Last updated on February 14th, 2018 at 09:02 am
Just for Today
Living in the moment
“We regretted the past, dreaded the future, and weren’t too thrilled about the present.”
Sixth Edition Basic Text, p. 7
Until we experience the healing that happens when we work the Twelve Steps, it is doubtful that we can find a statement more true than the quote above. Most of us come to NA hanging our heads in shame, thinking about the past and wishing we could go back and change it. Our fantasies and expectations about the future may be so extreme that, on our first date with someone, we find ourselves wondering which lawyer we’ll use for the divorce. Almost every experience causes us to remember something from the past or begin projecting into the future.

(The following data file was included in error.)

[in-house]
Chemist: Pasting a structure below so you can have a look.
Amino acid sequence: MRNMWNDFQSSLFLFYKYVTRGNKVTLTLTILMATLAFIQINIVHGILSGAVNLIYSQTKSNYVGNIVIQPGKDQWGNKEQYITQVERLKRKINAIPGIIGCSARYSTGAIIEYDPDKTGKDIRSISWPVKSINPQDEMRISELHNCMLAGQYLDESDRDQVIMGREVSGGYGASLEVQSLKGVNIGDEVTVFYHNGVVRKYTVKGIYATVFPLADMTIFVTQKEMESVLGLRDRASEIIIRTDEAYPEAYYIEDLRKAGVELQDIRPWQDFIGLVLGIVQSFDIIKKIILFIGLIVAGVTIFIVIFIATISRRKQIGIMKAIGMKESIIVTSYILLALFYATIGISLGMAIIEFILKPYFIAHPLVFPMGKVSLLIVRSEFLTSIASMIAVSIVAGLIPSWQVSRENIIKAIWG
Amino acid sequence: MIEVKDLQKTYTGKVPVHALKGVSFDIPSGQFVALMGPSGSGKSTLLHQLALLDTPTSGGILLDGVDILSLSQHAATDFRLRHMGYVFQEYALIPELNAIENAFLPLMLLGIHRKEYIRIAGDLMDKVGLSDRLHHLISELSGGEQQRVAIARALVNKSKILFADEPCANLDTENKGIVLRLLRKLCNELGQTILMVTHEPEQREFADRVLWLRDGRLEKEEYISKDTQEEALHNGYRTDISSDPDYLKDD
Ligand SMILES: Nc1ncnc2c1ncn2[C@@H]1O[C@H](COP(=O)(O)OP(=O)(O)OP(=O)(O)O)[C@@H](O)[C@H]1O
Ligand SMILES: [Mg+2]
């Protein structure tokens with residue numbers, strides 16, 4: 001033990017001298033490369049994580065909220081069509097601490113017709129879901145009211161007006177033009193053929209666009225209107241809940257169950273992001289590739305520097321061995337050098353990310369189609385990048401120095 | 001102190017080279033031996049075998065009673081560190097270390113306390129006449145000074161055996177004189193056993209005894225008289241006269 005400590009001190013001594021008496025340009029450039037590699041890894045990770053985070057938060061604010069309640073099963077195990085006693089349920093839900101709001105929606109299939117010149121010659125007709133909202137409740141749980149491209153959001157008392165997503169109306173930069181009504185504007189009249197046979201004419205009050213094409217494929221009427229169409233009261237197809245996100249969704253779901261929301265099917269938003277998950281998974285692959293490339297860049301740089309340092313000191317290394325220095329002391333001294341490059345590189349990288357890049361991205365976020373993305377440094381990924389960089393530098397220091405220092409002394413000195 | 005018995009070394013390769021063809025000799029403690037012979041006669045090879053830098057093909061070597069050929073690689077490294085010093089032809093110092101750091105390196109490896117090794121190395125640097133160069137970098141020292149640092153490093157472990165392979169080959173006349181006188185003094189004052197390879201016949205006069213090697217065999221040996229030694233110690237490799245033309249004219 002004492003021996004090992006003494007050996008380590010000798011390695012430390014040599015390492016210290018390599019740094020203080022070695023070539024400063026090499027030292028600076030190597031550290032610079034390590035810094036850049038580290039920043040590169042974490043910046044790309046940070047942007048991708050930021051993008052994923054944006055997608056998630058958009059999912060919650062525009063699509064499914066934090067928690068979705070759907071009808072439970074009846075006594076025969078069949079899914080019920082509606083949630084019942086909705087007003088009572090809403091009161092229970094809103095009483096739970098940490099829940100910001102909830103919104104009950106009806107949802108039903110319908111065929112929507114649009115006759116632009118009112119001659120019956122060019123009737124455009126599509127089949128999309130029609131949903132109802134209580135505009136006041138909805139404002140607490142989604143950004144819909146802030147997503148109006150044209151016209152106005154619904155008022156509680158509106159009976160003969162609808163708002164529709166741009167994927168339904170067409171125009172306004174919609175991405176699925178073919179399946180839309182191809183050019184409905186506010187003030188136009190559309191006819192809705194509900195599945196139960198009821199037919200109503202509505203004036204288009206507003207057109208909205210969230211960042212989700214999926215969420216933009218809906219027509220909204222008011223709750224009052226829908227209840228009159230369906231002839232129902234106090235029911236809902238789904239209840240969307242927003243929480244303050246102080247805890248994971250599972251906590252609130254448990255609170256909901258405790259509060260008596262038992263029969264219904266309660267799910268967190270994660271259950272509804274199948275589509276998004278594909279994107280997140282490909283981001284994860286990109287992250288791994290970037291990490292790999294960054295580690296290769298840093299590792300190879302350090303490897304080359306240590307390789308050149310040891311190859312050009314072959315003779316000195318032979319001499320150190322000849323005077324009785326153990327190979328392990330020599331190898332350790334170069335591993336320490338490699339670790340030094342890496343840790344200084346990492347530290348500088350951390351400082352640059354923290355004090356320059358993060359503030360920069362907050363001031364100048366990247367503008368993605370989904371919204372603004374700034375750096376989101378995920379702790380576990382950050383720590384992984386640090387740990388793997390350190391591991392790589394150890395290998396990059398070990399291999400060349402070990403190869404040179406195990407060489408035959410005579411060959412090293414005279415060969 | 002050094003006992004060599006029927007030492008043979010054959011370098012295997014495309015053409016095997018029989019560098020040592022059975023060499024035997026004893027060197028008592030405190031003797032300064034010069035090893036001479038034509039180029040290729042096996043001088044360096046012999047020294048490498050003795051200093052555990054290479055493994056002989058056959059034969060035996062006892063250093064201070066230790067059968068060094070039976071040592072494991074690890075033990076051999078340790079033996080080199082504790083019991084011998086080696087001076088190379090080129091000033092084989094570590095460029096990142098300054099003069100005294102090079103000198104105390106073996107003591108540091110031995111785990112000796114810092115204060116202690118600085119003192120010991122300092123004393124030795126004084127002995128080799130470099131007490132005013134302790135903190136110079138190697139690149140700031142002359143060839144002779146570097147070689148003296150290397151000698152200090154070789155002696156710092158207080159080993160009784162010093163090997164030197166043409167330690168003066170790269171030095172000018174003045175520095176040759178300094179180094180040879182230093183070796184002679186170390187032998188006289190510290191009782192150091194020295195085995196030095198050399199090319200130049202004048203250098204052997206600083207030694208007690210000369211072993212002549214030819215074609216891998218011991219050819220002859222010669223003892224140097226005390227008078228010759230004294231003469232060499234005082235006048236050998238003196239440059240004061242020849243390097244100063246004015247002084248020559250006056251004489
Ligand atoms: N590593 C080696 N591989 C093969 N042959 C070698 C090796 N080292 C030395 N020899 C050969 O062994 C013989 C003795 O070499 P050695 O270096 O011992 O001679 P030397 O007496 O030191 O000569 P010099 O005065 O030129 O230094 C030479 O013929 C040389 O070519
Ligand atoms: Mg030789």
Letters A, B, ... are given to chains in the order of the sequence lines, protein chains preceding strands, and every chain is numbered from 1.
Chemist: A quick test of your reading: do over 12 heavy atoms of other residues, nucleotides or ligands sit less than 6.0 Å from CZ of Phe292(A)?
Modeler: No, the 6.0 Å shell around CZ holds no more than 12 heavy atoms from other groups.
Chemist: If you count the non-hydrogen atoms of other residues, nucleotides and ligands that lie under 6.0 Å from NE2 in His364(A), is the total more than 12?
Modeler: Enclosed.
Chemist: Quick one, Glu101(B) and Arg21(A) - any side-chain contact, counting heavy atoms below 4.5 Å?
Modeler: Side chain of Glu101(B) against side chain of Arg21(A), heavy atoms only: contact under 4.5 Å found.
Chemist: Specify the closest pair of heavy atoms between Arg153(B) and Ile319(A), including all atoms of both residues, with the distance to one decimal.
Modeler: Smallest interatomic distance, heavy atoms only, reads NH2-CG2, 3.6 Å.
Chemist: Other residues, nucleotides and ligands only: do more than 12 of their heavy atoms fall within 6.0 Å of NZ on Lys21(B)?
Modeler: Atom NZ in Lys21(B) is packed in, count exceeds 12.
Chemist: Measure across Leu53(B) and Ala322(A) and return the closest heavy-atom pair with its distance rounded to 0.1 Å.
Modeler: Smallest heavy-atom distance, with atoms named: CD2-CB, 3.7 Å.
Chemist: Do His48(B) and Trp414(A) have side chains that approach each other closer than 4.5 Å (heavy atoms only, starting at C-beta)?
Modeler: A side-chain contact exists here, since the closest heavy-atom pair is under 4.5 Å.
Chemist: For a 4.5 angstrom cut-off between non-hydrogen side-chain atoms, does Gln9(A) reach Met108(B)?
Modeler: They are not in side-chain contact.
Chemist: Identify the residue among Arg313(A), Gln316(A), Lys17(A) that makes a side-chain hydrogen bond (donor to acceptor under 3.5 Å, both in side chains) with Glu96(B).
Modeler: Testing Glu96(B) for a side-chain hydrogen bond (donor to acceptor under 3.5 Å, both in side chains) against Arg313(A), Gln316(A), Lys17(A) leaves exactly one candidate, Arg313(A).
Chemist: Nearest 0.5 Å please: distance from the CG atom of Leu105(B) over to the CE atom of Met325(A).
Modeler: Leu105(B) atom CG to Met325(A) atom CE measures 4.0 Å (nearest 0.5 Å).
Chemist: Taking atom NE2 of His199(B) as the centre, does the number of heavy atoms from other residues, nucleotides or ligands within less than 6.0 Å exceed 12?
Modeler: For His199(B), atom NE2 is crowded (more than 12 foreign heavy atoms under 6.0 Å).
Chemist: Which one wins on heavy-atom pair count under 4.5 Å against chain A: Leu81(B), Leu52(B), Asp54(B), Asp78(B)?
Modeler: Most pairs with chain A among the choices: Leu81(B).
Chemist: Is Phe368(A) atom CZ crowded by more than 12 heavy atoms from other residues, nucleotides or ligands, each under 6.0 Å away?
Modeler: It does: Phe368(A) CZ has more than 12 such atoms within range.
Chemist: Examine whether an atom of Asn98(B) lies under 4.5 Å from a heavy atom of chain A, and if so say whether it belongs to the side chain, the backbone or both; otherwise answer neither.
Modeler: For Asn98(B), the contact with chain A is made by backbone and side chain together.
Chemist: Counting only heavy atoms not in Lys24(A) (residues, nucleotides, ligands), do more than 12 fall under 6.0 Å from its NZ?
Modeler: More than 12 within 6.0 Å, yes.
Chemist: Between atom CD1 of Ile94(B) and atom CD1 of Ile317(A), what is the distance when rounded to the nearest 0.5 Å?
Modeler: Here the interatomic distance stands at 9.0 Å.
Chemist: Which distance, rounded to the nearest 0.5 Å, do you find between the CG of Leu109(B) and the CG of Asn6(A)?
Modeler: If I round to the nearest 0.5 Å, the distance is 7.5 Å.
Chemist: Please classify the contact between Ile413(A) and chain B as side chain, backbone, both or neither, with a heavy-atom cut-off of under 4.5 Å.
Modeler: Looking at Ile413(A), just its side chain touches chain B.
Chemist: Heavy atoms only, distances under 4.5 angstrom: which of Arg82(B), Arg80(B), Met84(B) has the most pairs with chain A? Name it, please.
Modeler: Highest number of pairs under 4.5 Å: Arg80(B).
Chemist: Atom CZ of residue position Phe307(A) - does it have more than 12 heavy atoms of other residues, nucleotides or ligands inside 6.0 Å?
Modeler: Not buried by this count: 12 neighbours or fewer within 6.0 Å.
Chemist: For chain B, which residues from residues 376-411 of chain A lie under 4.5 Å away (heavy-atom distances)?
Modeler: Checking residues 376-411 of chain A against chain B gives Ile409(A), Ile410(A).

At first, it’s difficult to stay in the moment. It seems as though our minds won’t stop. We have a hard time just enjoying ourselves. Each time we realize that our thoughts are not focused on what’s happening right now, we can pray and ask a loving God to help us get out of ourselves. If we regret the past, we make amends by living differently today; if we dread the future, we work on living responsibly today.
When we work the steps and pray each time we discover we’re not living in the present, we’ll notice that those times aren’t occurring as often as they used to. Our faith will help us live just for today. We’ll have hours, even days, when our full attention is focused on the current moment in time, not the regrettable past or fearful future.
Just for Today: When I live fully in each moment, I open myself to joys that might otherwise escape me. If I am having trouble, I will ask a loving God for help.
Just for Today, p. 44
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